What to do and what not to do in a critical emergency. Don’t move someone who has suffered a blow or fall of any force until you can ascertain that there is no in-jury to head, neck, or back. Doing so risks irreparable damage to the brain or spinal cord. If in any doubt, call an ambulance; a serious wound may be invisible or imperceptible.
Any moderate to severe blow can cause concussion, a jarring injury to the brain. Telltale signs are pain in the head, dizziness, confusion, possible nausea, memory loss, eye pupils of unequal size. Unconsciousness is likely-short term with mild concussion, prolonged if the concussion is severe. Don’t try to rouse the person; get medical help at once.
Sometimes a blow to the head seems too trivial to need attention, its only result a mild, transitory headache. Concussion symptoms don’t always show up immediately; over the ensuing 48 hours, watch for worsening headache, drowsiness, nausea, blurred vision, or other symptoms; report them to your doctor. Months later the effect of head trauma may appear as a personality or memory change; inform your doctor.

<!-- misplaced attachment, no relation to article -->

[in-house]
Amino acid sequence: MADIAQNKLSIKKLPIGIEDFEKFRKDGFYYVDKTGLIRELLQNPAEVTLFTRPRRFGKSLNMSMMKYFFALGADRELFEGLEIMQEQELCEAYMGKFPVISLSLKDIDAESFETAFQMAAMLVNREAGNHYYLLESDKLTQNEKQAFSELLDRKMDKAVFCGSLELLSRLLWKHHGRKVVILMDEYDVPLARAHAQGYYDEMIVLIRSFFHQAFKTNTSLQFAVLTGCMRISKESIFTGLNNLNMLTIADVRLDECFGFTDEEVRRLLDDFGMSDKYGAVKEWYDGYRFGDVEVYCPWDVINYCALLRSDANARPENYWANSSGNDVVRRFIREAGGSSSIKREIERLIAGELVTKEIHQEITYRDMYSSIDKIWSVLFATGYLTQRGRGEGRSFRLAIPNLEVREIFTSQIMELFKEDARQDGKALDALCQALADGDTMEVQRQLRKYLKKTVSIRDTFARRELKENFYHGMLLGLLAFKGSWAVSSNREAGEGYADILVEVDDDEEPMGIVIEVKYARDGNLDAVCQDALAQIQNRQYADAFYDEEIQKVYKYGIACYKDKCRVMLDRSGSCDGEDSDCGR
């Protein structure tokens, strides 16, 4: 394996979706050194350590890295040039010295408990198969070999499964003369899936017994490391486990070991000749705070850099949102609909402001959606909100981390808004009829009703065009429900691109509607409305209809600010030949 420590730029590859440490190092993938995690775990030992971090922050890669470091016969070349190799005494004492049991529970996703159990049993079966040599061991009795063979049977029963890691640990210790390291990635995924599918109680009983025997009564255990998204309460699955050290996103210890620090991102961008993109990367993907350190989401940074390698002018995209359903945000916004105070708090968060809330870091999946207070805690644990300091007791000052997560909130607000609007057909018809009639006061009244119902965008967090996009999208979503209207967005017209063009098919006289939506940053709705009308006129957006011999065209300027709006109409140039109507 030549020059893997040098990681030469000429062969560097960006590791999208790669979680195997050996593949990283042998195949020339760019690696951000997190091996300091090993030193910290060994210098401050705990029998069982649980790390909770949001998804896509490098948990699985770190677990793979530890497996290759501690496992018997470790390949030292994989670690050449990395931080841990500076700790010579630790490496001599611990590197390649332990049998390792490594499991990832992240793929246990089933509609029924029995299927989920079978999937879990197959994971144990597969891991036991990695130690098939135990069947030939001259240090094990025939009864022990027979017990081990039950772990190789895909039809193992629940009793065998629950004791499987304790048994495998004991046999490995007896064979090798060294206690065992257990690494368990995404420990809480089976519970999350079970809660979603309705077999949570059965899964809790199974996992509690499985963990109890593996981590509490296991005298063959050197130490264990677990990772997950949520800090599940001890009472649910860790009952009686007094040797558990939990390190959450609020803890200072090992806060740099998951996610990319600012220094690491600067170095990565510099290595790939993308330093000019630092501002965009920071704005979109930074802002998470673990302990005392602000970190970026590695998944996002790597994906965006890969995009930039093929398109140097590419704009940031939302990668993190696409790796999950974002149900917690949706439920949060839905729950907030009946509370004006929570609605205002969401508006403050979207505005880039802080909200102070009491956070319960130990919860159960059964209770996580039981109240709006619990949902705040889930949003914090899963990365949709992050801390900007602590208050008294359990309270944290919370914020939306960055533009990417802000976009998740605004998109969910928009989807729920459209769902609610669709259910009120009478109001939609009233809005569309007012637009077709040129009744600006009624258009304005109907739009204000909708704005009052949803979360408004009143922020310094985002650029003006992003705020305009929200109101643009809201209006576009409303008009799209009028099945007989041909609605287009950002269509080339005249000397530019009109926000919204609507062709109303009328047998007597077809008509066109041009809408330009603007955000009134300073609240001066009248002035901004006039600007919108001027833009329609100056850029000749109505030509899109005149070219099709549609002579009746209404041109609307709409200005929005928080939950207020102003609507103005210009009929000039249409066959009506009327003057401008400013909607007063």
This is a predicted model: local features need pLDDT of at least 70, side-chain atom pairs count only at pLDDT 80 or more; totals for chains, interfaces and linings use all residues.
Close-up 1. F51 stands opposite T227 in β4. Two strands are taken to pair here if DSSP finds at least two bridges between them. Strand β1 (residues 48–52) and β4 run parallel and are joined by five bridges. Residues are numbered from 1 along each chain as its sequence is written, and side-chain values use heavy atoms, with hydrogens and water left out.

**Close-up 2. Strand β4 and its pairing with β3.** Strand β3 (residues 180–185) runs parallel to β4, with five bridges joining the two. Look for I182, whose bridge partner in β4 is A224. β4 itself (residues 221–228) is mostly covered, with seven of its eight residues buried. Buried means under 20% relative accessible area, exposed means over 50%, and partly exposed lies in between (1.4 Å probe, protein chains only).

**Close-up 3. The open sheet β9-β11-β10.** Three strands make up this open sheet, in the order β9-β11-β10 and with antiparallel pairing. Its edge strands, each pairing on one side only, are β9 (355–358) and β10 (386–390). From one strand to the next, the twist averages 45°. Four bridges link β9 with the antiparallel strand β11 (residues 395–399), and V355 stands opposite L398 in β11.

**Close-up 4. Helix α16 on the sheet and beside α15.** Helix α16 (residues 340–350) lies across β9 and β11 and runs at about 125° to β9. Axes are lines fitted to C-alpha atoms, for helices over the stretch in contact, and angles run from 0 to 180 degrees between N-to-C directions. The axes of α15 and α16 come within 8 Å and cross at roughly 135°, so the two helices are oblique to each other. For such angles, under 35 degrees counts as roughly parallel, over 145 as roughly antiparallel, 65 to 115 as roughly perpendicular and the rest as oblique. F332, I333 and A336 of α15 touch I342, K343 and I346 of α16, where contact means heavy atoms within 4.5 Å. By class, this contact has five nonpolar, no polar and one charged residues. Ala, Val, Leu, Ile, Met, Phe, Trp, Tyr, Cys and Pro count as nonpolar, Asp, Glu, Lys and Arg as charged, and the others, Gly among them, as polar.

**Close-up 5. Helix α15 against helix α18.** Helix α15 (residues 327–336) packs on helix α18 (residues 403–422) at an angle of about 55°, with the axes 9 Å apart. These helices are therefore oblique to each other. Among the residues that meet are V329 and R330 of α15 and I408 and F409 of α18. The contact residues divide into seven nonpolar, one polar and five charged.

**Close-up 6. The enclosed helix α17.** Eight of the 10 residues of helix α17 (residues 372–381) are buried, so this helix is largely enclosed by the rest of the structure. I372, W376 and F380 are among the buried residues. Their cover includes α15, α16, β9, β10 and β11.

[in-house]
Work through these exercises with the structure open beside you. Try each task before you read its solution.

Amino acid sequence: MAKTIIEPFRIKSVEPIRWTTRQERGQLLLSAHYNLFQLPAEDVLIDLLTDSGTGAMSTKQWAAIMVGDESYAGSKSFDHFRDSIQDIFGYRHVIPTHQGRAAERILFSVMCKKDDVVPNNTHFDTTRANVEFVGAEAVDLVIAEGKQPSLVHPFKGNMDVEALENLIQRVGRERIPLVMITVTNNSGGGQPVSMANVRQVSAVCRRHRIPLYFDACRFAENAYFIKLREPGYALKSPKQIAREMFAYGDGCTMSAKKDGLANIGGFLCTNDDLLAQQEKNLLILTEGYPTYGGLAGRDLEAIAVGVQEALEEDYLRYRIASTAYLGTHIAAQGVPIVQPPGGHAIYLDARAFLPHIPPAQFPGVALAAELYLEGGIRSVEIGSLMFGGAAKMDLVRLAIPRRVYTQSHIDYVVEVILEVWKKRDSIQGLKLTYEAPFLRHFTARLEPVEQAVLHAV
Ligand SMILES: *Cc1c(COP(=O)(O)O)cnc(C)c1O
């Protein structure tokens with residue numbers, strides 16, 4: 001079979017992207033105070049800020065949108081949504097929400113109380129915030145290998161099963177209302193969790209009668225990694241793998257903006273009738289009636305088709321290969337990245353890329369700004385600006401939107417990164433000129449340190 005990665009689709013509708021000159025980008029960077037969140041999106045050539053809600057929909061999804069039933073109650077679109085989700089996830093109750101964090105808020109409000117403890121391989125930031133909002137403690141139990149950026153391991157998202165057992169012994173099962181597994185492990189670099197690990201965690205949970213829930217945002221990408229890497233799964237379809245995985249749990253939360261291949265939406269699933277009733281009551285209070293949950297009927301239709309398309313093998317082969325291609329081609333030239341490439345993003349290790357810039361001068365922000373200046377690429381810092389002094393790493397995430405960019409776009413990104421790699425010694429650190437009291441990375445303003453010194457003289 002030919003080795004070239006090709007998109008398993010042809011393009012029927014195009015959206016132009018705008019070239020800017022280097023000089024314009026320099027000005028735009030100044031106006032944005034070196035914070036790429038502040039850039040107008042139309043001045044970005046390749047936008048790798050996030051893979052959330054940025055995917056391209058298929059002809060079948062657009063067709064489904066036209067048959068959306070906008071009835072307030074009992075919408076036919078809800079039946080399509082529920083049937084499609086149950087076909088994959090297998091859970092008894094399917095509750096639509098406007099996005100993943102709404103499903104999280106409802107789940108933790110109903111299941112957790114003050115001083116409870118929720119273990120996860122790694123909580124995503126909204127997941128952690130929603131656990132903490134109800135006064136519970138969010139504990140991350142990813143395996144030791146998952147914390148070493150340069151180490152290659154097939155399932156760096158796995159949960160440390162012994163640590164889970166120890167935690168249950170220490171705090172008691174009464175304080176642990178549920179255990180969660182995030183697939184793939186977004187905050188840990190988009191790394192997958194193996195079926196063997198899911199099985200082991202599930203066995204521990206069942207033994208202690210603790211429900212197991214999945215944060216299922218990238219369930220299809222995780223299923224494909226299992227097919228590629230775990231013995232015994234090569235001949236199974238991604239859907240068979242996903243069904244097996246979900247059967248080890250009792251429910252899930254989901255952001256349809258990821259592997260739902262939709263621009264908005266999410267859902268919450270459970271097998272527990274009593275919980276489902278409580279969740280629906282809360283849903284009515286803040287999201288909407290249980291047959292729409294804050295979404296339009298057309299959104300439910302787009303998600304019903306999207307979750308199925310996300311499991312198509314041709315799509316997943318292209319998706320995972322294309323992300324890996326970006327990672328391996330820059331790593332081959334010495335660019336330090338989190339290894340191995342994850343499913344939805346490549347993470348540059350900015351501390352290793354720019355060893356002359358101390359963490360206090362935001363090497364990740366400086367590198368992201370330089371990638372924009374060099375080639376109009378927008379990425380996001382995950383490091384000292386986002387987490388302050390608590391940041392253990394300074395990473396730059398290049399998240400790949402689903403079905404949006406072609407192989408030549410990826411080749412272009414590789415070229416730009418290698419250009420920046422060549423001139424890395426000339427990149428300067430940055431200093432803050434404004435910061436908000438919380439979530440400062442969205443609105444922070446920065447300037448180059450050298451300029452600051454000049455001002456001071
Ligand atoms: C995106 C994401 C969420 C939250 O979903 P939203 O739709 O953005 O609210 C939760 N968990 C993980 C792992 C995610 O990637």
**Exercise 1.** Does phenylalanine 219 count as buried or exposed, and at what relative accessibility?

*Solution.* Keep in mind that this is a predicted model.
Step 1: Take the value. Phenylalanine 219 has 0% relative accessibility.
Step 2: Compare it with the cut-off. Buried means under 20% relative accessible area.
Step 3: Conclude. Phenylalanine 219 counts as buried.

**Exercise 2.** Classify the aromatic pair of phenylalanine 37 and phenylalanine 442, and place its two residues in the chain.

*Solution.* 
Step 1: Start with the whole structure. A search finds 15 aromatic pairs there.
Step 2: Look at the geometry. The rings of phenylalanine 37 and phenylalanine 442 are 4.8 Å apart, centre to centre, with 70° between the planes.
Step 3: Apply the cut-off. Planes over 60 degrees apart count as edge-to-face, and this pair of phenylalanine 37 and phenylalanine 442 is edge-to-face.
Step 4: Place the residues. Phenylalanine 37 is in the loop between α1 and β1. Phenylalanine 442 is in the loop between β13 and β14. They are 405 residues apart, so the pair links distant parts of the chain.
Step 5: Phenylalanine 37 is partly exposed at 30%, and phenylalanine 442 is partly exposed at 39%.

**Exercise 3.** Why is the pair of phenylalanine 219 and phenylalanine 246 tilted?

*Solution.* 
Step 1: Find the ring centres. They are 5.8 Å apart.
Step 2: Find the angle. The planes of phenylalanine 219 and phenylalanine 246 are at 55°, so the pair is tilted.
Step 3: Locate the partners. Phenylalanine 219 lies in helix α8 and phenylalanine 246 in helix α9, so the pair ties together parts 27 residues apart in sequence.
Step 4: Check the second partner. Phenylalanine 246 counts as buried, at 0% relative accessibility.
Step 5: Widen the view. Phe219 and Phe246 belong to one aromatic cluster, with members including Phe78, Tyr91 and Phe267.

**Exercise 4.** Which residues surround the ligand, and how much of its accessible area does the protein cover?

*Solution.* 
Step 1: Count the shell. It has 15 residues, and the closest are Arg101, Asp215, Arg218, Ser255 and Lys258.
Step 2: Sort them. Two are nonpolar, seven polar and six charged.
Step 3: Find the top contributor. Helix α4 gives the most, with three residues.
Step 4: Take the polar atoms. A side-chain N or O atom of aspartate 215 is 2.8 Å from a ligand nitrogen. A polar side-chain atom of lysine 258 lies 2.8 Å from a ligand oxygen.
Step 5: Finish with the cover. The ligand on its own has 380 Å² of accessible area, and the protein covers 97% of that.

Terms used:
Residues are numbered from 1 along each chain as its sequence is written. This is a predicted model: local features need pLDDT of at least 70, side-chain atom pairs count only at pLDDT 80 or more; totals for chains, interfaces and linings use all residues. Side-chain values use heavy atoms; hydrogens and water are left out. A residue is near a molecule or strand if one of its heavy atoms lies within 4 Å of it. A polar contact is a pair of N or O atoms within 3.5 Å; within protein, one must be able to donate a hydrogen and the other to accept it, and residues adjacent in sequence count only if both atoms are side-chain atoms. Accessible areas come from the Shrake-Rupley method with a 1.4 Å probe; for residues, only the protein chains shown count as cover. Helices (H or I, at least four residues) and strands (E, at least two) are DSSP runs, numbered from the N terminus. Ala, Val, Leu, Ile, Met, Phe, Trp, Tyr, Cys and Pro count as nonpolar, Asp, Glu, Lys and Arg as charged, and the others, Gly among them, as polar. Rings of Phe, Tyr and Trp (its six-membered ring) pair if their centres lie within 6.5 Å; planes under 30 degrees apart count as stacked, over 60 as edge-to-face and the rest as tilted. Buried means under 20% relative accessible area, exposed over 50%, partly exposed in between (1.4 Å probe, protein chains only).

Skull fracture is similar in symptoms to concussion but carries the added risk of brain damage. Bleeding from a wounded scalp is usually profuse and should be stopped by applying pressure while the person is being taken to an emergency medical facility. If the skull is open, do not probe inside; infection can result. If a clear liquid discharges from the nose, ears, or mouth, blot it but let it drain.
Suspect a broken neck or back if there is difficulty moving fingers, toes, or limbs; numbness or tingling in legs or shoulders; pain in the neck or back. Call for an ambulance immediately. Don’t move the person or allow him to move. Place pillows or rolled blankets at either side of the victim’s head to hold it still. Be calm and reassuring.